President Uhuru Kenyatta visited the Mara Triangle on the 3rd. He arrived in the morning and left after a late lunch. He was joined by the Governor and Senator from Narok County, Cabinet Secretaries for Tourism and Mines and numerous other senior National and County Government officials. That evening the Governor and Cabinet Secretary for Tourism held a stakeholders’ meeting at Mara Sarova. It was well attended and the Governor raised important issues relating to the proliferation of camps, NEMA’s (the National Environment Monitoring Authority) inability to rein in developers, security and illegal grazing. The following day the Chief Executive spent time with the Governor and Cabinet Secretary for Tourism, Ms Phyllis Kandie, and flew over the eastern portion of the Reserve. The construction of new camps and incursions by livestock and people into the main portion of the Reserve shocked everyone.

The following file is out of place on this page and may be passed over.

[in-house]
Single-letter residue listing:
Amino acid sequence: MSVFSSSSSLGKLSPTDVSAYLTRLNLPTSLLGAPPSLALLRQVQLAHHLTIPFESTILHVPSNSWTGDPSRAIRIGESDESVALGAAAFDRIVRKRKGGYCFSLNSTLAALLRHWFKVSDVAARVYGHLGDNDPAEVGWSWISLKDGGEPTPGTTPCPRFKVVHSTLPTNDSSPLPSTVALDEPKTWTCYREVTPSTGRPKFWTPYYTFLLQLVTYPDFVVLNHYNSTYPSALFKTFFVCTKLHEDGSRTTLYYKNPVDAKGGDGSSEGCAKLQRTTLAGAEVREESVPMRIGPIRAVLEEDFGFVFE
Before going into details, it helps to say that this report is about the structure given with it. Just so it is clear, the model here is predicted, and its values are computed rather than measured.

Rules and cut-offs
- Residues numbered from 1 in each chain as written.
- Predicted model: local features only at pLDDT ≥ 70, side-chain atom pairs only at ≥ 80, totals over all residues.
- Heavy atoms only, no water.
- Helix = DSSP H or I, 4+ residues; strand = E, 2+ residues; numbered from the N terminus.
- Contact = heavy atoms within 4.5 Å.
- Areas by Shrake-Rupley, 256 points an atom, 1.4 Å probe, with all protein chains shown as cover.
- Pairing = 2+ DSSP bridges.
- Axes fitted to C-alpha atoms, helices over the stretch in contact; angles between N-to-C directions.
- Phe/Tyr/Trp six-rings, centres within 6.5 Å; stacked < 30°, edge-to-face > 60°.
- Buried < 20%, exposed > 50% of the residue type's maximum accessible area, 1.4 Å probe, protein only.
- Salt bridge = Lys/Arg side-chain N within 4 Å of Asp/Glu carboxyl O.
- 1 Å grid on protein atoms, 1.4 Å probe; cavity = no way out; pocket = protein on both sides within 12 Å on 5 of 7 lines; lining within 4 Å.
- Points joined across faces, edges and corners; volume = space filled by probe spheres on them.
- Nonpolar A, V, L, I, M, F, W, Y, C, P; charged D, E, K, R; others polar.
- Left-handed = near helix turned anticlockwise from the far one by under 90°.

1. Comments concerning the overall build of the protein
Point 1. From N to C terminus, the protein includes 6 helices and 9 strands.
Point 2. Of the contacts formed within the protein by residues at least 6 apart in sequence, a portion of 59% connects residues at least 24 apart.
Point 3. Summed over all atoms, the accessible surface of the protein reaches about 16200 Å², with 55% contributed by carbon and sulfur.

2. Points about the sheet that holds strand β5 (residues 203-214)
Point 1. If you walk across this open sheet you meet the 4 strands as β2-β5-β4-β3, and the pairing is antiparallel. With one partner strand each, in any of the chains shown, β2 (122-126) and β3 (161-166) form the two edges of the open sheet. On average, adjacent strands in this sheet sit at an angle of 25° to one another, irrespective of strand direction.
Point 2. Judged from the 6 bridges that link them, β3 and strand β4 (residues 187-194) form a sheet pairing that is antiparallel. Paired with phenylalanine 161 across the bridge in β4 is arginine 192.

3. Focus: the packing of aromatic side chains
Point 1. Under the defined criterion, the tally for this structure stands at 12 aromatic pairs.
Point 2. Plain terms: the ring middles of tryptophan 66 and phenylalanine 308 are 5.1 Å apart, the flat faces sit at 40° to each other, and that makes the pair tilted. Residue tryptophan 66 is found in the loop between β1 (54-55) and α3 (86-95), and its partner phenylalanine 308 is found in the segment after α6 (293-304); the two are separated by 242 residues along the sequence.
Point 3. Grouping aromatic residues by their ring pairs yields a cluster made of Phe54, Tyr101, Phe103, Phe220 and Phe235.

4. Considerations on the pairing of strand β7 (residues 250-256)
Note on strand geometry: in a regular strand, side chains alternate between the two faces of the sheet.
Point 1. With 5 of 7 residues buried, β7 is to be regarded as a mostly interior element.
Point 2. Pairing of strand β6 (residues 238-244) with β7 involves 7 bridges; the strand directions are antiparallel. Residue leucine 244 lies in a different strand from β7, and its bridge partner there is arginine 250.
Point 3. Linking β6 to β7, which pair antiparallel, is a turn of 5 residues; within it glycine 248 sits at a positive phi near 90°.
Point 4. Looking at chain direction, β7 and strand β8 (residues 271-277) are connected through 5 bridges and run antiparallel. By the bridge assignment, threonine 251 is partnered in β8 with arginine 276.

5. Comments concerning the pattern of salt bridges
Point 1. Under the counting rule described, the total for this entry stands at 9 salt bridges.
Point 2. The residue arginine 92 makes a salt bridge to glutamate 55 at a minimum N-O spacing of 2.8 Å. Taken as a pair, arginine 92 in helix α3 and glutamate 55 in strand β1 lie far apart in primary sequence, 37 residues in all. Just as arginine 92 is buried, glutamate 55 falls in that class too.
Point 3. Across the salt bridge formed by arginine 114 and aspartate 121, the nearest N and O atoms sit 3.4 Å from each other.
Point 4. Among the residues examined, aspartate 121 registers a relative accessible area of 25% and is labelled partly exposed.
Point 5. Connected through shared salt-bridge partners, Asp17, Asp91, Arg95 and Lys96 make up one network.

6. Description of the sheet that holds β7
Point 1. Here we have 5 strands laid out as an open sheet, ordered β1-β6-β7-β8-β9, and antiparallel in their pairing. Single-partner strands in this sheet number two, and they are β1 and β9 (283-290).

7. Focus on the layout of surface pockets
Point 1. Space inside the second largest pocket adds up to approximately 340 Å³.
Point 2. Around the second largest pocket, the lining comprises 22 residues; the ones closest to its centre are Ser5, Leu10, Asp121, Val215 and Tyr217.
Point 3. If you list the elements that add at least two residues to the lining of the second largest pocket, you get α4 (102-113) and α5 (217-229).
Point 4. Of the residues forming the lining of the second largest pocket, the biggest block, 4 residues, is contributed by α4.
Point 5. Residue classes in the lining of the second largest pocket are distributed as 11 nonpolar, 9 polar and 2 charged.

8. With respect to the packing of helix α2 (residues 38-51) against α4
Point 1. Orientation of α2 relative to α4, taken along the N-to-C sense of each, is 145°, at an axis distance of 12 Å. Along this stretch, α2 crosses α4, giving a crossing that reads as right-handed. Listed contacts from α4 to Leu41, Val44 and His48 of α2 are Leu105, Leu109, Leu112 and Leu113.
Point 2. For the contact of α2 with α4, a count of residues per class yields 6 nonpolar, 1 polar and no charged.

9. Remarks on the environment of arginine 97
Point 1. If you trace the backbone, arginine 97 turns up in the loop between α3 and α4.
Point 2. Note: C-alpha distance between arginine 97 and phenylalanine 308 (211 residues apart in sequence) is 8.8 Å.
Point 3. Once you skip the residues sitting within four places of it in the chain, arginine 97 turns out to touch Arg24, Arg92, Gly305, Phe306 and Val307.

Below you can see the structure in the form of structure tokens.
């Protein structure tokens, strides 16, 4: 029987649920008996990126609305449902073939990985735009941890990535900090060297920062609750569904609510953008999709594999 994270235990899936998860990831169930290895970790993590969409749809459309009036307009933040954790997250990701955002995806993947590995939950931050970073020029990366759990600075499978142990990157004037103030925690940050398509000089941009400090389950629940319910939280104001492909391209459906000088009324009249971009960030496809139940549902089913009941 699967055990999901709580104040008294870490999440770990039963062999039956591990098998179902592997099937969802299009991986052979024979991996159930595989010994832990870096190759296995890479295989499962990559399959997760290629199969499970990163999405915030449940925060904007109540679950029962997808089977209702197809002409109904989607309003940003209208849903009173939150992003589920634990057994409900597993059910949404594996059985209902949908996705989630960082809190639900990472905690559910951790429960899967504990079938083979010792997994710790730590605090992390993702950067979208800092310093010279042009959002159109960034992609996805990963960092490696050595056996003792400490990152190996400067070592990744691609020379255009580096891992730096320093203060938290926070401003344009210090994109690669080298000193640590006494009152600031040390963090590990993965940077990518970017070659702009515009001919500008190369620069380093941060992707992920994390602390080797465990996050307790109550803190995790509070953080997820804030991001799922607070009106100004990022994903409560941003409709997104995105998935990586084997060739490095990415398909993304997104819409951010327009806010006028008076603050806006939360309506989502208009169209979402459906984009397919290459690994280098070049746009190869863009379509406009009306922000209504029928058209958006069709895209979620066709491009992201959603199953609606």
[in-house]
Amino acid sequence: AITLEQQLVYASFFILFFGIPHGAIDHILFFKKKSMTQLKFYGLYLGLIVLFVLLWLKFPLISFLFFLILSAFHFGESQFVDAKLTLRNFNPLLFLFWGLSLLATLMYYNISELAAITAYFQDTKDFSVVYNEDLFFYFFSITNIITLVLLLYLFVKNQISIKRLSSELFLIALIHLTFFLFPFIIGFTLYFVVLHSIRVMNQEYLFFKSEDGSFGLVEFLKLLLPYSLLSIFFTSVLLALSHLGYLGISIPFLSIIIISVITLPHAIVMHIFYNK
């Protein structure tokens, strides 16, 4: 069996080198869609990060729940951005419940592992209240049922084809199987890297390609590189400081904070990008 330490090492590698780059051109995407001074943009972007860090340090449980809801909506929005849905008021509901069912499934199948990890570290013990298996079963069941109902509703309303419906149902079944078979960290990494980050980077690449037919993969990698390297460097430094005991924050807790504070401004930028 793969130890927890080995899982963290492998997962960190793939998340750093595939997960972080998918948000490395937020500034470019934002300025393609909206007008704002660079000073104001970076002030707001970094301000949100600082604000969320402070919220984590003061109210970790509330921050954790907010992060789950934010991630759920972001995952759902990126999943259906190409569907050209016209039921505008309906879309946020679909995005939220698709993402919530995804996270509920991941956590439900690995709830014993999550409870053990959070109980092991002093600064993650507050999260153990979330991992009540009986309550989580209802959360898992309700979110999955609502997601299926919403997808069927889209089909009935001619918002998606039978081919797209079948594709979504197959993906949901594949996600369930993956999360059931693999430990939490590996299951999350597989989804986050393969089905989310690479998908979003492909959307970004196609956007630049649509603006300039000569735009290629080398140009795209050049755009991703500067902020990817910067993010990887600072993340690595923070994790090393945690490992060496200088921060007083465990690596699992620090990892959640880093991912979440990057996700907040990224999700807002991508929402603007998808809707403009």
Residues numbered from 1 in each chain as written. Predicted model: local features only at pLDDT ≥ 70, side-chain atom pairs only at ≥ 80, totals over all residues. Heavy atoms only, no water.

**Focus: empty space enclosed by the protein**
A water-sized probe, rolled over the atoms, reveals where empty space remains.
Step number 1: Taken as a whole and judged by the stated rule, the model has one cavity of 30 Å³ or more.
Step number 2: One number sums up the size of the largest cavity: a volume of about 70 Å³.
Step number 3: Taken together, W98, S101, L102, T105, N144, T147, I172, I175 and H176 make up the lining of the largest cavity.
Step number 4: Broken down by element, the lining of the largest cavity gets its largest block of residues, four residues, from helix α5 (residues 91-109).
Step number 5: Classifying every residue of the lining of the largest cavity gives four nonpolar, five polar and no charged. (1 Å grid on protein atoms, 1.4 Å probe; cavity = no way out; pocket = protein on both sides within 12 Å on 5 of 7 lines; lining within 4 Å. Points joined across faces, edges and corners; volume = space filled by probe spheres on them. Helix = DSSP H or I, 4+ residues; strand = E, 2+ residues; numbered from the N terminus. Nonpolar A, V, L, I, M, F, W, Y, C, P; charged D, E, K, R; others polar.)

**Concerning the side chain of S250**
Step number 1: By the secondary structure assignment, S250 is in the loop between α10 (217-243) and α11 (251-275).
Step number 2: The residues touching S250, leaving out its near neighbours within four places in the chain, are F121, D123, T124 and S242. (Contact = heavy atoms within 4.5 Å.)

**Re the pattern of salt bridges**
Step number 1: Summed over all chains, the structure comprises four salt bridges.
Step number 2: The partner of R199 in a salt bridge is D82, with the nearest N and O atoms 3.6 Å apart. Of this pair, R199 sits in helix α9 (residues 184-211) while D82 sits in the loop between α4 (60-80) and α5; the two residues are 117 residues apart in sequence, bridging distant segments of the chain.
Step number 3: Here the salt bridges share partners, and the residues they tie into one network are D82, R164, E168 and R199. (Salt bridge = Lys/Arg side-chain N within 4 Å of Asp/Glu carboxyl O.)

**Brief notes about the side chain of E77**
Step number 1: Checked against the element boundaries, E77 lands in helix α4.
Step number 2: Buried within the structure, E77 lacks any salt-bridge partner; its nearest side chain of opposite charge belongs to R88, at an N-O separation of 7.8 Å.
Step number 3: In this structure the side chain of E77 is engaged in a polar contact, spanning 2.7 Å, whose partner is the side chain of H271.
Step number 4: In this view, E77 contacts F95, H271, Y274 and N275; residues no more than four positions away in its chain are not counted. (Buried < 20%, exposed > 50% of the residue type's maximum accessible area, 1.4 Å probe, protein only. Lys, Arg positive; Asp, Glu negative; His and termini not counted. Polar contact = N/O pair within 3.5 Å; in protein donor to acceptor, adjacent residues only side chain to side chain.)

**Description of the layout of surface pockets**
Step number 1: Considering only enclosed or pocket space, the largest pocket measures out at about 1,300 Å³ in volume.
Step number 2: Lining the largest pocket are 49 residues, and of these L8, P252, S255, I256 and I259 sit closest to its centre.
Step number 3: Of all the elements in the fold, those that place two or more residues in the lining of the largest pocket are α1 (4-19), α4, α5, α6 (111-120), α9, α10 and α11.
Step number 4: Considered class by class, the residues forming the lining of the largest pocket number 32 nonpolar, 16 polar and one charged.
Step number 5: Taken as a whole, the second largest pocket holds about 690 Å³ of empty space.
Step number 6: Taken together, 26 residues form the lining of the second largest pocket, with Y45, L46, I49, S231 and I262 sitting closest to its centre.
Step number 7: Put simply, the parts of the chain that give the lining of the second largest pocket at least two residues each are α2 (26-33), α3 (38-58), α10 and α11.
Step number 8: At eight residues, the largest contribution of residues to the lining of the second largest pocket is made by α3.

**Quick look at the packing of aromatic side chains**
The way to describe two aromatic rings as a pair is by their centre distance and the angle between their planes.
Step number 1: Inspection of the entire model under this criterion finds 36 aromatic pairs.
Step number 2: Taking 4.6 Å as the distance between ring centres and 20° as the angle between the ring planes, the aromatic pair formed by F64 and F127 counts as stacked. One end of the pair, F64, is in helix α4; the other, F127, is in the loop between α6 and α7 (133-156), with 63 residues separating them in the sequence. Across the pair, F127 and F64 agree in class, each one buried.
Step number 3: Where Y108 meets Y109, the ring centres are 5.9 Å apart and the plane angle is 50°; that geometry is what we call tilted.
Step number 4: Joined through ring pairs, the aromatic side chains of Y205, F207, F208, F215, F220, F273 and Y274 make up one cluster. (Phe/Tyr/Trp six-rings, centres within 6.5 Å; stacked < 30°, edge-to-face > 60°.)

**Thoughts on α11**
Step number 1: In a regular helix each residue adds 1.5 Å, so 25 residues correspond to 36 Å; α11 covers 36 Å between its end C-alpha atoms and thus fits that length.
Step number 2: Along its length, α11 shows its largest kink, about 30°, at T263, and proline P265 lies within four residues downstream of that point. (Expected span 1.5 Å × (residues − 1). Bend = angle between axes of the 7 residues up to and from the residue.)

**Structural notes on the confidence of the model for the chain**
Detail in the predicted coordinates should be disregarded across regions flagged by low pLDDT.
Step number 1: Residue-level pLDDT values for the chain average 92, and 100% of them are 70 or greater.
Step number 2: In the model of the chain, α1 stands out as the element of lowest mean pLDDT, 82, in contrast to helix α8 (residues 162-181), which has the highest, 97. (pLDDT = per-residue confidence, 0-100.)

Mr John Lutenberg arrived with two new dogs, especially trained to locate firearms and ivory. John spent the remainder of the month training handlers and familiarising the dogs with their new surroundings. We believe that these new dogs will greatly enhance our ability to deal with the increase in ivory poaching and the proliferation of firearms in the region. I would like to thank John for all his time and effort in training these dogs and Dr Asuka Takita for agreeing to pay for the dogs and their transportation – from funds she raised on her walk from Nairobi to the Mara.
There were days of scattered thunderstorms and showers in the middle and end of August. This was sufficient to give the area a slight green tinge, but was insufficient for any significant grass growth.
The Chief Executive visited the Sub-County Commissioner in Kilgoris to brief him on the training being done at Ngiro-are.